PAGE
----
• BURN MEDIA
    • Motorburn
      Because cars are gadgets
    • Gearburn
      Incisive reviews for the gadget obsessed
    • Ventureburn
      Startup news for emerging markets
    • Jobsburn
      Digital industry jobs for the anti 9 to 5!

After Trump win, internet to get Canadian mirror (kind of)

The US election has forced tech companies and other entities to look closely at their operations, owing to the imminent Trump administration coming into power. At least one pivotal entity, the non-profit Internet Archive, has taken to creating an insurance policy in Canada, in the form of a mirror.

The Internet Archive is behind the landmark Wayback Machine, a service which charts the internet’s history and has already saved billions of URLs. The Wayback Machine sees between 300 million and 750 million webpages being saved every week, capturing old articles and forgotten websites.

In other words, creating a mirror won’t be a trivial task for the company, as it’s already saved over 26 petabytes worth of information.

In explaining its decision to create a mirror in Canada, the organisation said that libraries are susceptible to loss via the likes of earthquakes, institutional failures and legal regimes.

The team behind the Internet Archive said it was ‘preparing for a web that may face greater restrictions’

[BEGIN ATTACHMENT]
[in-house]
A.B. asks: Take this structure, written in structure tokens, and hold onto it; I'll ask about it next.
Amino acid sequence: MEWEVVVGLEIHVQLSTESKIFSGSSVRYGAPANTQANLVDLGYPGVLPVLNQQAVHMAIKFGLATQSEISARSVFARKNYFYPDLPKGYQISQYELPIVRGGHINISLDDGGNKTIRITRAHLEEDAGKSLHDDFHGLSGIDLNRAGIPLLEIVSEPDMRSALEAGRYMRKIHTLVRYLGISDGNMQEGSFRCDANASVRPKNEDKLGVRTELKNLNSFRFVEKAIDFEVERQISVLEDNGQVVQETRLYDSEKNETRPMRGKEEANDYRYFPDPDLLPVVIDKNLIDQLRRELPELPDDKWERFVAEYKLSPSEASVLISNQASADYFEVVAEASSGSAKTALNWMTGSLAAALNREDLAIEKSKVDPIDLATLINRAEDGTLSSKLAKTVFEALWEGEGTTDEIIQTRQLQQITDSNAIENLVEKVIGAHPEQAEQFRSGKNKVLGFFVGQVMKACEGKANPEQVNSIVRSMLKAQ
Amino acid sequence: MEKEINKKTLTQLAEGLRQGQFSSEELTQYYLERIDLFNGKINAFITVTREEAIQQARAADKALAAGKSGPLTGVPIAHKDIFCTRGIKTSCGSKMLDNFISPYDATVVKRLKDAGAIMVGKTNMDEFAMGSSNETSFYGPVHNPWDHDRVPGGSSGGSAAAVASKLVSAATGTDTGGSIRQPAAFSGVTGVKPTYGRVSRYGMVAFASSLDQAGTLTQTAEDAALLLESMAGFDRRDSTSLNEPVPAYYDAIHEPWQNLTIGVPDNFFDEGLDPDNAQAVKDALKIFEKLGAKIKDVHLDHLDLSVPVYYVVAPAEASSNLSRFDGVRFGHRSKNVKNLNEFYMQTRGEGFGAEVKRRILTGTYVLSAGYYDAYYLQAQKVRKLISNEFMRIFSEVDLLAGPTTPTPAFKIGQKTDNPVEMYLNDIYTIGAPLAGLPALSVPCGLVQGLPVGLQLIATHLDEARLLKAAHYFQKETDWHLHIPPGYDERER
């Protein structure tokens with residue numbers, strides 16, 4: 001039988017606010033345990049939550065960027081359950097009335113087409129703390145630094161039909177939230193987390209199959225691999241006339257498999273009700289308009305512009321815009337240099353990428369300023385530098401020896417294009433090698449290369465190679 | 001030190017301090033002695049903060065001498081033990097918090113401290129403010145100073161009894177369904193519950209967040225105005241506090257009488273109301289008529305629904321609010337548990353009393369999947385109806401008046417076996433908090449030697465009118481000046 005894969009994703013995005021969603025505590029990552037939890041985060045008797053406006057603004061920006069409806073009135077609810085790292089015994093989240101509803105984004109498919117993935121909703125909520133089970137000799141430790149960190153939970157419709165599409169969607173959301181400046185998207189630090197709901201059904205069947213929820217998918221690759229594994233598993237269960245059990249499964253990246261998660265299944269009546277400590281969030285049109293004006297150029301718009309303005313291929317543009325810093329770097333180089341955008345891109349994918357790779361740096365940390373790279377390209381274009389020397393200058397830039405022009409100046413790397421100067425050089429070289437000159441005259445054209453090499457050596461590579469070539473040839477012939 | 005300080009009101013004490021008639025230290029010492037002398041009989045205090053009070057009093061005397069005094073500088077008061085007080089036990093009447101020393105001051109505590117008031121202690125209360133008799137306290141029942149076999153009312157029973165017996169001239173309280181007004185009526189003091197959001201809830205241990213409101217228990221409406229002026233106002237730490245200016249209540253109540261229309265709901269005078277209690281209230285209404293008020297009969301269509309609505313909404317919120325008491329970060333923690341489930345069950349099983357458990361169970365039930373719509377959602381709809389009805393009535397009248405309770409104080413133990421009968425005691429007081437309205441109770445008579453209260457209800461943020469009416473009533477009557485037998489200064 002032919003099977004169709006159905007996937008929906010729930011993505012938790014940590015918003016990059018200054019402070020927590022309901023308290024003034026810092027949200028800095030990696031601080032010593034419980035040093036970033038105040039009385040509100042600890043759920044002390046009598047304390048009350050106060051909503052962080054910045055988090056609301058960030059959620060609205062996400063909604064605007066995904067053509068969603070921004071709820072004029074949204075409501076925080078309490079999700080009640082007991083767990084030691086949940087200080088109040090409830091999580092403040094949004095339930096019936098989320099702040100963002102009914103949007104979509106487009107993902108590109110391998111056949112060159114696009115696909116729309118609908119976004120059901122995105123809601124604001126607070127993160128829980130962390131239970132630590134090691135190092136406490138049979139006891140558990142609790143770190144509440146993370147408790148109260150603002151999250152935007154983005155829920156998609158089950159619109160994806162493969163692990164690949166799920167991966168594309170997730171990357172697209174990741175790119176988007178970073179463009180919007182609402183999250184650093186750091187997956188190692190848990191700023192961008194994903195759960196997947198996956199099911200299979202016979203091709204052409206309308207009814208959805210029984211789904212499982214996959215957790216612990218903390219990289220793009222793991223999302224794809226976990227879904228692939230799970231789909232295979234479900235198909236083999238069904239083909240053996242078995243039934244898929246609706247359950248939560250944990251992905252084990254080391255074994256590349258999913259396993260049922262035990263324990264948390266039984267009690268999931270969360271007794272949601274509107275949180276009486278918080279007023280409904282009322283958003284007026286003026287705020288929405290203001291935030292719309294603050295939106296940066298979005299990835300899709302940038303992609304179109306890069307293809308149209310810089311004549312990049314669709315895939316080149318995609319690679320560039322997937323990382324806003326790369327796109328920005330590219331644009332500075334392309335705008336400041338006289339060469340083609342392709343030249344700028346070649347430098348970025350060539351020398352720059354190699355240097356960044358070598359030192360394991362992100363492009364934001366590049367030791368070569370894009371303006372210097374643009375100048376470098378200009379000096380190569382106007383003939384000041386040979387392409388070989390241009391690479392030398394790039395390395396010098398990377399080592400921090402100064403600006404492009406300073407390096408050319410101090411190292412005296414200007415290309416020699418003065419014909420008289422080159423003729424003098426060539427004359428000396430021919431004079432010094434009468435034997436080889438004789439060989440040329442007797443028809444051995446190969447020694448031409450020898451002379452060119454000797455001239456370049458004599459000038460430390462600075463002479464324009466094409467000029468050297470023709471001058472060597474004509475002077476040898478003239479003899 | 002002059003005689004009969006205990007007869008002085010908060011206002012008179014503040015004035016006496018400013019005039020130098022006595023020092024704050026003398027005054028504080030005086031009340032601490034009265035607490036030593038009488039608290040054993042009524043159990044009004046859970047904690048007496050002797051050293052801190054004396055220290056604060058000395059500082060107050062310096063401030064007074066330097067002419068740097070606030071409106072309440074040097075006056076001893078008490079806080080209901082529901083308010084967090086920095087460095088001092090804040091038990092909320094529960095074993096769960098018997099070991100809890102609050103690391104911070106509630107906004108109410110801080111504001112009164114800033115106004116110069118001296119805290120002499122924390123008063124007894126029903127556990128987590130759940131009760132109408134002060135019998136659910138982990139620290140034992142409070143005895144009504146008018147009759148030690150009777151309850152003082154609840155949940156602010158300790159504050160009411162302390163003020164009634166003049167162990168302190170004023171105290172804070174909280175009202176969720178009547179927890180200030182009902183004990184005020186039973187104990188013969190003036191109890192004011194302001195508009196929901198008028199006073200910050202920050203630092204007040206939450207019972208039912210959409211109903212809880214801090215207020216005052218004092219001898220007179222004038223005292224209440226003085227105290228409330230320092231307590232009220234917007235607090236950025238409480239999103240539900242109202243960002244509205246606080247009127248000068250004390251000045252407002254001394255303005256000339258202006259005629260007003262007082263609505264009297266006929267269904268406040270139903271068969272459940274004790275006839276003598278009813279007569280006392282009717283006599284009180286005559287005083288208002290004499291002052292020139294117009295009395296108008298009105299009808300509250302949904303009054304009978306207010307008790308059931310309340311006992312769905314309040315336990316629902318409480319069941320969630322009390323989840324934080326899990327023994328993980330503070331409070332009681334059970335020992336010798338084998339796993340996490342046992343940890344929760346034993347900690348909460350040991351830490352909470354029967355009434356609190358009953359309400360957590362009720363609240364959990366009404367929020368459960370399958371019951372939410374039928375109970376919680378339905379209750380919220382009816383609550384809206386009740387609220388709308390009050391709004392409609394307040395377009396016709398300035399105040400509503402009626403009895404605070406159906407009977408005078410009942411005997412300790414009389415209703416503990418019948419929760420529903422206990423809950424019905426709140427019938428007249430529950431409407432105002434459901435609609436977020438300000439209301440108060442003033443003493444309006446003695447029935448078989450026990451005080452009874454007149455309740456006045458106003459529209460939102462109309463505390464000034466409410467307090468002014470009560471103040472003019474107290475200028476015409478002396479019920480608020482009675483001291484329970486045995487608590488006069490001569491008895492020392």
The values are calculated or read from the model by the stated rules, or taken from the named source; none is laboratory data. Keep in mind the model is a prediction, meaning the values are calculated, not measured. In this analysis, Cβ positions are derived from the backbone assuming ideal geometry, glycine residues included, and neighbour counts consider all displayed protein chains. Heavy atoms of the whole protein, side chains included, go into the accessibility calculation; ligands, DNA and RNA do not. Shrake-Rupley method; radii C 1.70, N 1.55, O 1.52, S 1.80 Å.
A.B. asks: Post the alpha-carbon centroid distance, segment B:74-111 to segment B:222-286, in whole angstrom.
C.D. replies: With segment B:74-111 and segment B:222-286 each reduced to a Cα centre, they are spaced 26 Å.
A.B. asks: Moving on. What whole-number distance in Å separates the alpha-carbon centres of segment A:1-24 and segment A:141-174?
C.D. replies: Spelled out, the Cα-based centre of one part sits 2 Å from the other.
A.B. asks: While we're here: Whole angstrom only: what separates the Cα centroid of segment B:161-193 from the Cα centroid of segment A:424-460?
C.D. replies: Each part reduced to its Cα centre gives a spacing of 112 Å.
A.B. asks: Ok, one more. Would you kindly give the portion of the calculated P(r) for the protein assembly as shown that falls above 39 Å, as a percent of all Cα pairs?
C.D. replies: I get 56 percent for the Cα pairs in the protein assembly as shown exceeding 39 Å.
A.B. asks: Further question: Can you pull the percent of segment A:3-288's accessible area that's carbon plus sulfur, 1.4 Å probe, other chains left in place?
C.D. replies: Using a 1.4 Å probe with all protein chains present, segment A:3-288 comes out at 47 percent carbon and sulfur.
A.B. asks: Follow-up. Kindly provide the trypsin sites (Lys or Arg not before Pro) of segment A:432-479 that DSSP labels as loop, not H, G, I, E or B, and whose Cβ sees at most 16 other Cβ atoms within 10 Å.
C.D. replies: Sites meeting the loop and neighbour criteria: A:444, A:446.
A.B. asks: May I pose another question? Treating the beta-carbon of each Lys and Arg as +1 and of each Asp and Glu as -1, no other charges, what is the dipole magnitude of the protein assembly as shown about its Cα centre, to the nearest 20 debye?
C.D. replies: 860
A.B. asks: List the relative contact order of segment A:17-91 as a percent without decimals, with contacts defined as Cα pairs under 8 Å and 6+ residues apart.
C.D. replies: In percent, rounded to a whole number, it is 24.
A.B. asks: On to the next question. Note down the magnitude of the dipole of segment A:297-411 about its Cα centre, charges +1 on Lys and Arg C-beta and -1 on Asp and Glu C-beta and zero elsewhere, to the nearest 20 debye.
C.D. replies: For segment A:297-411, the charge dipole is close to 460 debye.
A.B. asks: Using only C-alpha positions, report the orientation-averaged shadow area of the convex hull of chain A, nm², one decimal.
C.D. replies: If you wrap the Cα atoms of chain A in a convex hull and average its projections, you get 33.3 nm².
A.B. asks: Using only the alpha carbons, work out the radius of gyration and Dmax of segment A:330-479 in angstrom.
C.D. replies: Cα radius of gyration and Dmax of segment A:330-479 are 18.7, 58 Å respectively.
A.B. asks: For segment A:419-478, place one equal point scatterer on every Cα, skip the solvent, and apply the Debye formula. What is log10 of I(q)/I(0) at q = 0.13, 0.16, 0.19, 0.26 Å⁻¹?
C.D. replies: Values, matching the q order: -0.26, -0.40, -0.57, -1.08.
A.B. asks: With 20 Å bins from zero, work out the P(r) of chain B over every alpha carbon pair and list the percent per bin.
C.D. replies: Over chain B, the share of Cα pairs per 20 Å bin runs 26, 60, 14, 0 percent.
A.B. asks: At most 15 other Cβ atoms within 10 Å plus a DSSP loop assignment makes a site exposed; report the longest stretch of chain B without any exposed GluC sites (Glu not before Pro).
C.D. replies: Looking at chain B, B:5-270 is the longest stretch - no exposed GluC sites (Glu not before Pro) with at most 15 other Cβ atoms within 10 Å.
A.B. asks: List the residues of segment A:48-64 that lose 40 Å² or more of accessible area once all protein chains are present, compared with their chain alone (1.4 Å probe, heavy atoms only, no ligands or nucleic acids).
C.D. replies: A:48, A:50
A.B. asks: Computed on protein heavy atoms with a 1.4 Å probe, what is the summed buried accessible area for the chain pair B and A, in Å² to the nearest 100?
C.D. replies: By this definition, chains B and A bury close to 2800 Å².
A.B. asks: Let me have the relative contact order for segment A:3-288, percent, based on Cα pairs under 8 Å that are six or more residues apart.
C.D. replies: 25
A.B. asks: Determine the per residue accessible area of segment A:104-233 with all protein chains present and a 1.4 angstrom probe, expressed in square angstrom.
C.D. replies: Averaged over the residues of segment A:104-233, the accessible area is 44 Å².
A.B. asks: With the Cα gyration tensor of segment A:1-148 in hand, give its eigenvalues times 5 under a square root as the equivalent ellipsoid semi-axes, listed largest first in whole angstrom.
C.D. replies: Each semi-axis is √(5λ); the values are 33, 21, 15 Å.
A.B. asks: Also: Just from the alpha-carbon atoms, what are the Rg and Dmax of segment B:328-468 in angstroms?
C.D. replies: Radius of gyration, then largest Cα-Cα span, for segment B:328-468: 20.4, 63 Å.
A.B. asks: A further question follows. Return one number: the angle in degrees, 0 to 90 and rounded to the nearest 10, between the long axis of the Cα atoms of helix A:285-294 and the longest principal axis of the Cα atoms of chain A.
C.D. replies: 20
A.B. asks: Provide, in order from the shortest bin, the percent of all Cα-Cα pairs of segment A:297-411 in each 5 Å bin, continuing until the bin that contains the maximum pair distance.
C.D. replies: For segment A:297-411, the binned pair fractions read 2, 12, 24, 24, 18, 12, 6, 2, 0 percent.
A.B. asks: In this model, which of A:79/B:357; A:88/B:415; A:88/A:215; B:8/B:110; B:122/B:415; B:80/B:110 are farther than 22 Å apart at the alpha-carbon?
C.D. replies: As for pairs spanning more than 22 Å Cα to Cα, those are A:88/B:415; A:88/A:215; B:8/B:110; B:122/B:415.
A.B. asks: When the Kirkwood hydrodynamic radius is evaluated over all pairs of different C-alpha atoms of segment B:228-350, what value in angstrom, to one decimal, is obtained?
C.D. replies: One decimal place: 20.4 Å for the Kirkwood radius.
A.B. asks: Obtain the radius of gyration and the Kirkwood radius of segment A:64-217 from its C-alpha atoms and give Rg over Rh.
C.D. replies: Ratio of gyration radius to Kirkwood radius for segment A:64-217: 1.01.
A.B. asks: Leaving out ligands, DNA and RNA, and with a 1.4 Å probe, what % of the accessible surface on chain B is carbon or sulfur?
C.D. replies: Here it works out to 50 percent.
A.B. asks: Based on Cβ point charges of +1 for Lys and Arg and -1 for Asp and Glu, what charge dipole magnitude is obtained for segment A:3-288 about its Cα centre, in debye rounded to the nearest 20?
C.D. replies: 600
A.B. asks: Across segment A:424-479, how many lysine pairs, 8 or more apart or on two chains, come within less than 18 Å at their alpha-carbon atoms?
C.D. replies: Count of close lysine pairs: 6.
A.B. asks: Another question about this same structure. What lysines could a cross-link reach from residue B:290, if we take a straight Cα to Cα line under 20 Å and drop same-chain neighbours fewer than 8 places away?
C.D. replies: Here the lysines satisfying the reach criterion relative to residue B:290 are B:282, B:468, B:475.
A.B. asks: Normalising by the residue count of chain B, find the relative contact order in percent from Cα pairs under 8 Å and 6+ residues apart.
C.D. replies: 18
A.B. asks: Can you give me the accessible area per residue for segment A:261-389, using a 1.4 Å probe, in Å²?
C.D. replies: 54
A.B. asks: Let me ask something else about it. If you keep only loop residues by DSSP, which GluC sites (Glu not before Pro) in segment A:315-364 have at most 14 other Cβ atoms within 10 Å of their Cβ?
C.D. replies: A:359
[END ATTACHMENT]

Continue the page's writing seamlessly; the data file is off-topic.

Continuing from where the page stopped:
“So this year, we have set a new goal: to create a copy of Internet Archive’s digital collections in another country. We are building the Internet Archive of Canada because, to quote our friends at LOCKSS, ‘lots of copies keep stuff safe’,” the organisation wrote in a statement.

So what in particular spurred this decision? Well, the non-profit was pretty upfront about it.

“On 9 November in America, we woke up to a new administration promising radical change. It was a firm reminder that institutions like ours, built for the long-term, need to design for change,” the organisation said in a statement.

“For us, it means keeping our cultural materials safe, private and perpetually accessible. It means preparing for a web that may face greater restrictions.”

The Internet Archive adds that the project will cost millions of dollars, urging users to donate to the initiative.

Author | Hadlee Simons

Hadlee Simons
Terrible puns make Hadlee Simons difficult to work with, but he brings over seven years of tech journalism experience to the table. When he's not at work or watching motorsport, he's in the foetal position on a jiu jitsu mat. More

More in News, Online media

Digital publishing and the world's largest education company

Read More »